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Bleak House

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Last week, the Indian market as expected corrected itself after the previous week's sharp upturn with the Bombay Stock Exchange (BSE) 30-share Sensitive Index (Sensex) losing nearly 4 per cent to end at 16,213.46. The fall was more to do with domestic events than global. Players offloaded their position after the government suspended it plans to allow foreign direct investment (FDI) in retail. The inability to implement policy reforms by the government has been the biggest concern for the market. Concerns over the government's finances, particularly rising fiscal deficit after it cut India's economic growth forecast to 7.25-7.75 per cent from the earlier 8 per cent also added to the woes.

"Until know, despite all the poor economic indicators, growth wasn't impacted. This is the first time we are witnessing bleak economic growth and that is bad for the market," says Avinash Gorakshakar, vice-president and head research at Edelweiss Financial Advisors. He adds that the fall in the market is also because players have sold their position ahead of the dismal IIP numbers on Monday. "The IIP number is expected to be poor than the September months' number and the market has already factored it in the price," says Gorakshakar. The broader consensus on the October 2011 IIP numbers is at -0.7 per cent on a year-on-year basis. The inflation data on Wednesday, 14 December 2011 and the Reserve Bank of India (RBI) policy on Friday, 16 December 2011 are some important events that would provide direction to the markets. Analysts expect inflation to slip on a year-on-year basis to 9.04 per cent compared to 9.73 per cent.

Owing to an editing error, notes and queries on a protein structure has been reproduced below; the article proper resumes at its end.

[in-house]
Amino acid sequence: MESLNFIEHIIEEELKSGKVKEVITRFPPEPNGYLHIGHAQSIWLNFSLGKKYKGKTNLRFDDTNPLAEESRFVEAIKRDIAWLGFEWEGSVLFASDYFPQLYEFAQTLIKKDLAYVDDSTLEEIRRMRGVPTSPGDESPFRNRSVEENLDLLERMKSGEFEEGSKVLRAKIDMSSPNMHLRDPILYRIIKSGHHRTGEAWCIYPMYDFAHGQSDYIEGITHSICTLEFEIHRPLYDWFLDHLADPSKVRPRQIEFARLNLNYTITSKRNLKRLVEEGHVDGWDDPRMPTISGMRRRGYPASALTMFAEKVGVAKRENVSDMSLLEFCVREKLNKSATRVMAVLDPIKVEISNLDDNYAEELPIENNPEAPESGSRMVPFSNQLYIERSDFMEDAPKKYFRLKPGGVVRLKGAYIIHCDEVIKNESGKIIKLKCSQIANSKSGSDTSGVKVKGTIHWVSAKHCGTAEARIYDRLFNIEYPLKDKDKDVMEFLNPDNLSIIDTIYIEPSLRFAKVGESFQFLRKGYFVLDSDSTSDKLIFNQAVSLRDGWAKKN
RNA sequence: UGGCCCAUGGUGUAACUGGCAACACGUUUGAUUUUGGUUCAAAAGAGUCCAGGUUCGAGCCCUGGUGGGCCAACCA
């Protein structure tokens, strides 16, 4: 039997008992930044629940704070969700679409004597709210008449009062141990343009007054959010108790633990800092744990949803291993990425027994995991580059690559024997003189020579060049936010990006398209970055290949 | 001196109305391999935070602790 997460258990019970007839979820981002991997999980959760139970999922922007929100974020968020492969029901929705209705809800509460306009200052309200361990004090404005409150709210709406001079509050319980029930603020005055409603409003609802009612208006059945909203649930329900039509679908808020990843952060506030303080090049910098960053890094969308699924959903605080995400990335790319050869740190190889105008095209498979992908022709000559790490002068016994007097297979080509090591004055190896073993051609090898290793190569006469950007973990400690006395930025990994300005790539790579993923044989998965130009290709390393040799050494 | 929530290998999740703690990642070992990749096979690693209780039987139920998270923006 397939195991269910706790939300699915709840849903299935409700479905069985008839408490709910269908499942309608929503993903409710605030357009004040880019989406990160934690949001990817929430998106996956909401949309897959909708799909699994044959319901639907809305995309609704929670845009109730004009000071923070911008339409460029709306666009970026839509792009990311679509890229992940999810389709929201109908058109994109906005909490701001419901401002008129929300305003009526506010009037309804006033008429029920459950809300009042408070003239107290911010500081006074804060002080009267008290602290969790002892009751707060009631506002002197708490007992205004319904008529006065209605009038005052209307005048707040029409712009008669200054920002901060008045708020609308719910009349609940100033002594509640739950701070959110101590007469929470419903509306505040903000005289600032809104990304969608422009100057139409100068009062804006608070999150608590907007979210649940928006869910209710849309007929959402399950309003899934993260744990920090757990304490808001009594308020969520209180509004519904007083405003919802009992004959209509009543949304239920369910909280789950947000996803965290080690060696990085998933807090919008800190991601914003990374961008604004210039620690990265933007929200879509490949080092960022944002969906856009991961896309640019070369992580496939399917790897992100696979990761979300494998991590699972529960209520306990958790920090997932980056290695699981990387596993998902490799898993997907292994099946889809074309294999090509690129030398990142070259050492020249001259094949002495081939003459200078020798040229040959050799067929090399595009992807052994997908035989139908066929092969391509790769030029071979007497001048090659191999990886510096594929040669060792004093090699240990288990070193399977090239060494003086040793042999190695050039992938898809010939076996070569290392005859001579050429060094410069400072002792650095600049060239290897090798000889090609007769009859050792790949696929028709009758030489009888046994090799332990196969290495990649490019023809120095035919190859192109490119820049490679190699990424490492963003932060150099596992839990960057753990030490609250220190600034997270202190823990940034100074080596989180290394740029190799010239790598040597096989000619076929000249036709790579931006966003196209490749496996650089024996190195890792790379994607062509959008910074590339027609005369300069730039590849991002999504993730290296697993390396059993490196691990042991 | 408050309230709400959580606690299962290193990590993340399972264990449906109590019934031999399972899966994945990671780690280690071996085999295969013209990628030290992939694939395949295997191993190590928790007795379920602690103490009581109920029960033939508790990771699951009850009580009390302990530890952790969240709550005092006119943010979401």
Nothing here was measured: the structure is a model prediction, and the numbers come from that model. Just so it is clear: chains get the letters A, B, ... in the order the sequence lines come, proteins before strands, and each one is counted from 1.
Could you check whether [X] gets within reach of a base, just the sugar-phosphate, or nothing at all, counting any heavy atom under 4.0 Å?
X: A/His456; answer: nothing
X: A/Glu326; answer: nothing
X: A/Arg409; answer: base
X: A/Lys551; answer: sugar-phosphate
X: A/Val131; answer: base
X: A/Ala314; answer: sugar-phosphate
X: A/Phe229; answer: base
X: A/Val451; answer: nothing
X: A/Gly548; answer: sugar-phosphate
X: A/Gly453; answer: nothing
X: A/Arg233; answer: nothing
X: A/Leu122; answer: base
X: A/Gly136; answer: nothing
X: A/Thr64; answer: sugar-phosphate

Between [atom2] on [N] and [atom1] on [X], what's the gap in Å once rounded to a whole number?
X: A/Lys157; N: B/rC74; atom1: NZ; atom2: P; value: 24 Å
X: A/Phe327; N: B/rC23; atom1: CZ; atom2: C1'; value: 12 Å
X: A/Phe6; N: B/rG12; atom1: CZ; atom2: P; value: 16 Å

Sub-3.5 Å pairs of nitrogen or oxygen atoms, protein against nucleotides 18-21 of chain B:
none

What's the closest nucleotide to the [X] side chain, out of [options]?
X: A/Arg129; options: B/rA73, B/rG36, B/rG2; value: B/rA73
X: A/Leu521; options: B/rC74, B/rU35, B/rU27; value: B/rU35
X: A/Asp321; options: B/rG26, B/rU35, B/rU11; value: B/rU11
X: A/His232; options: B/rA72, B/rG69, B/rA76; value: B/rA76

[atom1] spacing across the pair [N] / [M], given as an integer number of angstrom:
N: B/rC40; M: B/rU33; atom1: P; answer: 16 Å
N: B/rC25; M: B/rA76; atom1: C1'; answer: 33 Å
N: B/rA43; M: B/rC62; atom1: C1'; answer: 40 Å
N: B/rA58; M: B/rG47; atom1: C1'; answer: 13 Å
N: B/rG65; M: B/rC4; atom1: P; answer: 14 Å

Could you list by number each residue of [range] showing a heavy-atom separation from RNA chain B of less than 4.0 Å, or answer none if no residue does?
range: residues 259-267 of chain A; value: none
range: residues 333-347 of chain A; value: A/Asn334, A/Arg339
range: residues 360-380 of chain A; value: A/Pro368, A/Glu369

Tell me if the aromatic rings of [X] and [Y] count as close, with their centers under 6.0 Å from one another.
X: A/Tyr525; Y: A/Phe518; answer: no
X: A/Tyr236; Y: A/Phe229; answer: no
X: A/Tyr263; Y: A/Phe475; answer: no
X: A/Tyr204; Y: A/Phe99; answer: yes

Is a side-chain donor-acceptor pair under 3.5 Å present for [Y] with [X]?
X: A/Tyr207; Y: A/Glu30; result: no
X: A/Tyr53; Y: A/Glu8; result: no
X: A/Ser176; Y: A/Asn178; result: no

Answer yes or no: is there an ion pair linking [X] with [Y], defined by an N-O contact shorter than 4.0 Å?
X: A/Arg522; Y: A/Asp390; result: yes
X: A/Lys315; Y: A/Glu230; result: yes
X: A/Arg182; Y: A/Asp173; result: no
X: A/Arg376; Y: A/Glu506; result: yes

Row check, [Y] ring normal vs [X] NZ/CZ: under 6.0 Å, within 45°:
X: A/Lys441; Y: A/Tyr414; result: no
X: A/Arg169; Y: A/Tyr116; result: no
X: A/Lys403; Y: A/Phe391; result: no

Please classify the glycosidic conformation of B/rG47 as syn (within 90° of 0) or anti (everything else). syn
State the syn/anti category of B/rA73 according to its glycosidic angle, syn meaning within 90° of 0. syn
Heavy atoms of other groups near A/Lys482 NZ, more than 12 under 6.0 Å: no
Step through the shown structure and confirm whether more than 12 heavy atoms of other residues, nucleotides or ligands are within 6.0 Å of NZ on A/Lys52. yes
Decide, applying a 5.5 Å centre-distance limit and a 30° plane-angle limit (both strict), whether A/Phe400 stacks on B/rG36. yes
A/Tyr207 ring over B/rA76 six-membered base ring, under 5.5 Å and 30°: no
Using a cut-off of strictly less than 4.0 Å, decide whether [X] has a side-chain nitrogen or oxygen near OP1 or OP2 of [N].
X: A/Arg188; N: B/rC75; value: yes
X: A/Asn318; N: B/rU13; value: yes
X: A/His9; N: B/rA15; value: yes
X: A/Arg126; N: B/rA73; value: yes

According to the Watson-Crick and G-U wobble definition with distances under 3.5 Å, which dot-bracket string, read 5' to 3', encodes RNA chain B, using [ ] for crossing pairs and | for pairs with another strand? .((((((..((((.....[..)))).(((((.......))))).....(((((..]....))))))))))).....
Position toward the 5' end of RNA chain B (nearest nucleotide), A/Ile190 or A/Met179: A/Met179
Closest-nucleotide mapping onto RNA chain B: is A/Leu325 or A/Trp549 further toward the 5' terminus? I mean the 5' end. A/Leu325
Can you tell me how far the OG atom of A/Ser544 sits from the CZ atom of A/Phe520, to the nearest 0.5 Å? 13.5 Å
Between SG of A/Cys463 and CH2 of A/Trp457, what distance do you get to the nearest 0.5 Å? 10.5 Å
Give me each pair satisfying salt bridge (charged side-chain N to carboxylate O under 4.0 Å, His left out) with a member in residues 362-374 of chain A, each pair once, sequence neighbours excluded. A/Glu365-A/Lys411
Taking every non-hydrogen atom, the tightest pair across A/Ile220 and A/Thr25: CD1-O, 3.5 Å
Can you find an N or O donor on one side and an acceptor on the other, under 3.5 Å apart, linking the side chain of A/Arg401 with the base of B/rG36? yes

Meanwhile, the third quarter advance tax collection on 15 December 2011 will be crucial for the market as it will give indication about the December-end quarter results of India Inc.

In India there is a lot of concern about the lack of governance and poor accountability within the government. A consistently high inflation is the other concern. Today the problem for the Indian market is if FII flows don't start pouring in it could lead to depreciating rupee and lower exports and impact our ballooning fiscal deficit further. In an environment of high inflation and fiscal deficit, RBI doesn't seem to cut rates in a hurry.

The outcome of the EU summit despite being in line with market expectations, is not going to help the market in a bigger way. The EU consensus does not end the problem with the European Union and global economies. In the next 6 months, there are going to be elections in the leading European countries like Germany and France. The ruling Christian Democratic Union has faced defeat in all the six state elections in Germany until September 2011. This is probably an indication that Chancellor Angela Merkel has not been able to convince voters to accept the rescue plan for the Euro Zone.

The next federal elections in Germany are due in September 2013. At present, it looks like taking tough decisions may be difficult. Similarly the environment in the US also looks bleak. The US is still grappling with problems of low employment, lack of growth and no consensus to reduce spending levels and manage debt. The ability to keep debt at manageable levels is exacerbated by the need to replace or upgrade infrastructure that has been created almost 50 years ago. With the US Presidential elections scheduled in 2012, the task of announcing measures that make economic sense becomes even more difficult. In such a scenario, the crisis in the west has not yet reached its conclusion and thus uncertainty will continue to prevail in the global and domestic markets. Faced with uncertainty, the markets will remain fragile.
Meanwhile, high volatility has become a part of the Indian market and the Sensex swing between its intra-day high and low is close to 2 per cent. Until India specific issues are not adressed, particularly regarding opening investment windows, it is difficult for equity markets to witness a clear upmove. Satish Menon, executive director at Geojit BNP Paribas Financial Services, feels, "Though we aren't in a bear market, it is possible that due to external and internal concerns markets may continue to witness swings, maybe with a downward bias over the next 3-6 months."